Occupational Asthma Reference

Niven RM, Fletcher AM, Pickering CA, Fishwick D, Warburton CJ, Simpson JC, Francis H, Oldham LA, Chronic bronchitis in textile workers, Thorax, 1997;52:22-27,

Keywords: ob, UK, chronic bronchitis, bronchitis, textile, cotton, byssinosis, endotoxin, FEV1, textiles, prevalence

Known Authors

Tony Pickering, Wythenshawe Hospital, Manchester, UK Tony Pickering

David Fishwick, Royal Hallamshire Hospital, Sheffield, UK David Fishwick

Chris Warburton, Liverpool Chris Warburton

Angela Fletcher, North West Lung Centre, Manchester Angela Fletcher

Rob Niven, Wythenshawe Hospital, Manchester Rob Niven

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Abstract

BACKGROUND: Exposure to cotton is known to produce a specific occupational disease known as byssinosis. A large population of textile workers was investigated to determine whether such exposure was also associated with chronic bronchitis once other possible aetiological factors had been accounted for.

METHODS: A total of 2991 workers were investigated for the presence of symptoms compatible with chronic bronchitis. An MRC adapted respiratory questionnaire and MRC definition of chronic bronchitis were used for diagnostic labelling. Current and lifetime exposure to dust was estimated by personal and work area sampling, and the use of records of retrospective dust levels previously measured over the preceding 10 years. Airborne endotoxin exposure was measured using a quantitative turbidometric assay. Lung function tests were performed to measure forced expiratory volume in one second (FEV1) and forced vital capacity (FVC). A control group of workers exposed to man-made fibre textiles was identified. The comparative prevalence of chronic bronchitis in the two populations was assessed, allowing for sex, age, smoking habit, and ethnic origin. Two case referent studies were also performed; cases of chronic bronchitis were separately matched with controls from the cotton and control populations to determine the effect of the symptomatic state on lung function.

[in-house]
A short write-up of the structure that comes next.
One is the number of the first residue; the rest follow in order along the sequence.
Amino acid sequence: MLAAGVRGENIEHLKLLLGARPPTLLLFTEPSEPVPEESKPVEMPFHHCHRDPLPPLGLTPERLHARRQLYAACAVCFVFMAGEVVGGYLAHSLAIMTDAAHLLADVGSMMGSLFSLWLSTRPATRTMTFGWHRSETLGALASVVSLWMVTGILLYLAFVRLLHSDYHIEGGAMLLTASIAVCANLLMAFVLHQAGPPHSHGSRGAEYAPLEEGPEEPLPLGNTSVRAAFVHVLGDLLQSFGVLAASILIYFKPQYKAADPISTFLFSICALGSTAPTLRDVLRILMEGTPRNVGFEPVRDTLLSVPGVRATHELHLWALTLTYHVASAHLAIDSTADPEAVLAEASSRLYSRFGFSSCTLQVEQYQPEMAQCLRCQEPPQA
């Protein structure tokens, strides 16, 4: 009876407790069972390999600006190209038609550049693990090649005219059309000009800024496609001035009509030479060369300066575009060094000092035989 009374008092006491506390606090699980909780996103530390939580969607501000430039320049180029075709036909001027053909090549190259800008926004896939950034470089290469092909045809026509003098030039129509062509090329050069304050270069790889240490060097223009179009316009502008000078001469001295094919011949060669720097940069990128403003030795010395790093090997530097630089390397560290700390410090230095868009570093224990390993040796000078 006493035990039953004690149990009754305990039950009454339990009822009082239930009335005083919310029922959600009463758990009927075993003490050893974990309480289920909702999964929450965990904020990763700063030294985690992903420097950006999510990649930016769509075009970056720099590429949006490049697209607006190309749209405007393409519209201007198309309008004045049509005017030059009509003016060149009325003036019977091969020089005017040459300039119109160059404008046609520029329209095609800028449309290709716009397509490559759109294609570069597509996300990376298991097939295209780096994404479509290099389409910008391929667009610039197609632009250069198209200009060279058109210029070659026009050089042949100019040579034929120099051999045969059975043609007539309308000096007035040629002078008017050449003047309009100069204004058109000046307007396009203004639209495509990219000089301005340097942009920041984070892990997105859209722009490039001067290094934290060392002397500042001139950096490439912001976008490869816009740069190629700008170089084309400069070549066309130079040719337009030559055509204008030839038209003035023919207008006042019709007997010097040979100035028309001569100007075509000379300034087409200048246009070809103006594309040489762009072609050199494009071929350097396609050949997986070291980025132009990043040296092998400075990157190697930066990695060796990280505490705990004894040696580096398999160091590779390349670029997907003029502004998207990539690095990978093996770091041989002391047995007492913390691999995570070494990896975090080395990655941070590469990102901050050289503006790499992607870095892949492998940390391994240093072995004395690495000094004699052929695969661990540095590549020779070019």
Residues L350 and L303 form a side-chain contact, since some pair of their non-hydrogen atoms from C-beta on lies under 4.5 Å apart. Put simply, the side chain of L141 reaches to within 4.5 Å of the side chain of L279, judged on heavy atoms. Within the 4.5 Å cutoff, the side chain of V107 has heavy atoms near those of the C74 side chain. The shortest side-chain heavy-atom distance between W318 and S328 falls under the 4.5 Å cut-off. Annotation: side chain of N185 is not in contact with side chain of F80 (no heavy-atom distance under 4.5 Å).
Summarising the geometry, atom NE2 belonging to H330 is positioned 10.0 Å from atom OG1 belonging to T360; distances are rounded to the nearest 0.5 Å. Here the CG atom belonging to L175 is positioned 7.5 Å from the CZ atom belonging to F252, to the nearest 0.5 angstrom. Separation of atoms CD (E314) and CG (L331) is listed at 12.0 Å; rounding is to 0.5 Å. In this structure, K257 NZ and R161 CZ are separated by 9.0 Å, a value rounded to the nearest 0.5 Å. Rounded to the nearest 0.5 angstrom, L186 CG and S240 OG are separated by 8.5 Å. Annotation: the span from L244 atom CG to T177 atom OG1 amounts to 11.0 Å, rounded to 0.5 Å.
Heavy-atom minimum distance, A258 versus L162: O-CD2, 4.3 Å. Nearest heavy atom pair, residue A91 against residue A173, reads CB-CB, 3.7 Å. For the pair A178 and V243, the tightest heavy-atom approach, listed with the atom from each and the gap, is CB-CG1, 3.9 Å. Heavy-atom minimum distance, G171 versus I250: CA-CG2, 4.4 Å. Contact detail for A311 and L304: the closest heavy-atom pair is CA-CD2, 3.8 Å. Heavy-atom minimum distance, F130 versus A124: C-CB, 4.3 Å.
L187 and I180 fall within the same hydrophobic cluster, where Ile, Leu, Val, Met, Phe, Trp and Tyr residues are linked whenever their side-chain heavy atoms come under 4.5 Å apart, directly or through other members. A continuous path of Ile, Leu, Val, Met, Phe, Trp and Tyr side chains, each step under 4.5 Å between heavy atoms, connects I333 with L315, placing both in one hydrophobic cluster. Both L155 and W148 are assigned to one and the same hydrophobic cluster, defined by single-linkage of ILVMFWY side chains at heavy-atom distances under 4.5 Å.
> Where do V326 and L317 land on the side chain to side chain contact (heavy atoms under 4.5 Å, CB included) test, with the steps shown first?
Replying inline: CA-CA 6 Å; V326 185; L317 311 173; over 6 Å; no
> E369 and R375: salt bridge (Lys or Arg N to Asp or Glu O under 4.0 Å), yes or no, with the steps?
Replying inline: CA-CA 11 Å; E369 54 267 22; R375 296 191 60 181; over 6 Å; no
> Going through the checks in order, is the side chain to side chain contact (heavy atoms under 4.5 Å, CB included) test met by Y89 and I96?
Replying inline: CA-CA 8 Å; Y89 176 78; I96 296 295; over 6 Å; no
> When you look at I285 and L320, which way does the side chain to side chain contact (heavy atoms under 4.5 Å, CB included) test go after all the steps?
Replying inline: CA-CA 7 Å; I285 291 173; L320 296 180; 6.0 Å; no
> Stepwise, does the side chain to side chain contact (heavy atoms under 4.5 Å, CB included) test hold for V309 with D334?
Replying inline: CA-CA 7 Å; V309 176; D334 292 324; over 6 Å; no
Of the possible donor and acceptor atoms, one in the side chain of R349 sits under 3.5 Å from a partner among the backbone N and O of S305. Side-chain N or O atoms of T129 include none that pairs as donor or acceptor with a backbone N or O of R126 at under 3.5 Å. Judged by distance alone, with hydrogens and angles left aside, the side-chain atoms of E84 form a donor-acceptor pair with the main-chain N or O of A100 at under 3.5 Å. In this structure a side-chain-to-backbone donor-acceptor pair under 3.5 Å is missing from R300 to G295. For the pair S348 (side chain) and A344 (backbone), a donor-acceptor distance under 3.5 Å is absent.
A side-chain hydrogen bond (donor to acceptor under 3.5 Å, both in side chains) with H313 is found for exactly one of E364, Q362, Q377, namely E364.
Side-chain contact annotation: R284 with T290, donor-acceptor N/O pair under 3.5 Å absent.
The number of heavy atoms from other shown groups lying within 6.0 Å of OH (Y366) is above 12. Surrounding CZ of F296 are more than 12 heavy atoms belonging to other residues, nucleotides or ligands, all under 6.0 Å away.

RESULTS: After controlling for smoking (pack years), workers in a cotton environment were significantly more likely to suffer from chronic bronchitis and this was most marked in workers over 45 years of age (odds ratio 2.51 (CI 1.3 to 4.9); p < 0.01). Regression analysis of all possible influencing parameters showed that cumulative exposure to cotton dust was significantly associated with chronic bronchitis after the effects of age, sex, smoking, and ethnic group were accounted for (p < 0.0005). In the intra-cotton population case control study a diagnosis of chronic bronchitis was associated with a small decrement in lung function compared with controls: percentage predicted FEV1 in cases 81.4% (95% CI 78.3 to 84.6), controls 86.7% (84.9 to 88.5); FVC in cases 89.9% (95% CI 87.0 to 92.9), controls 94.6% (92.8 to 96.4). After controlling for cumulative past exposure and pack years of smoking the effect of the diagnostic state remained significant for both FEV1 (p < 0.01) and FVC (p < 0.05).

CONCLUSIONS: Chronic bronchitis is more prevalent in cotton workers than in those working with man-made fibre and exposure is additive to the effect of smoking. The diagnosis of chronic bronchitis is associated with a small but significant decrement in lung function

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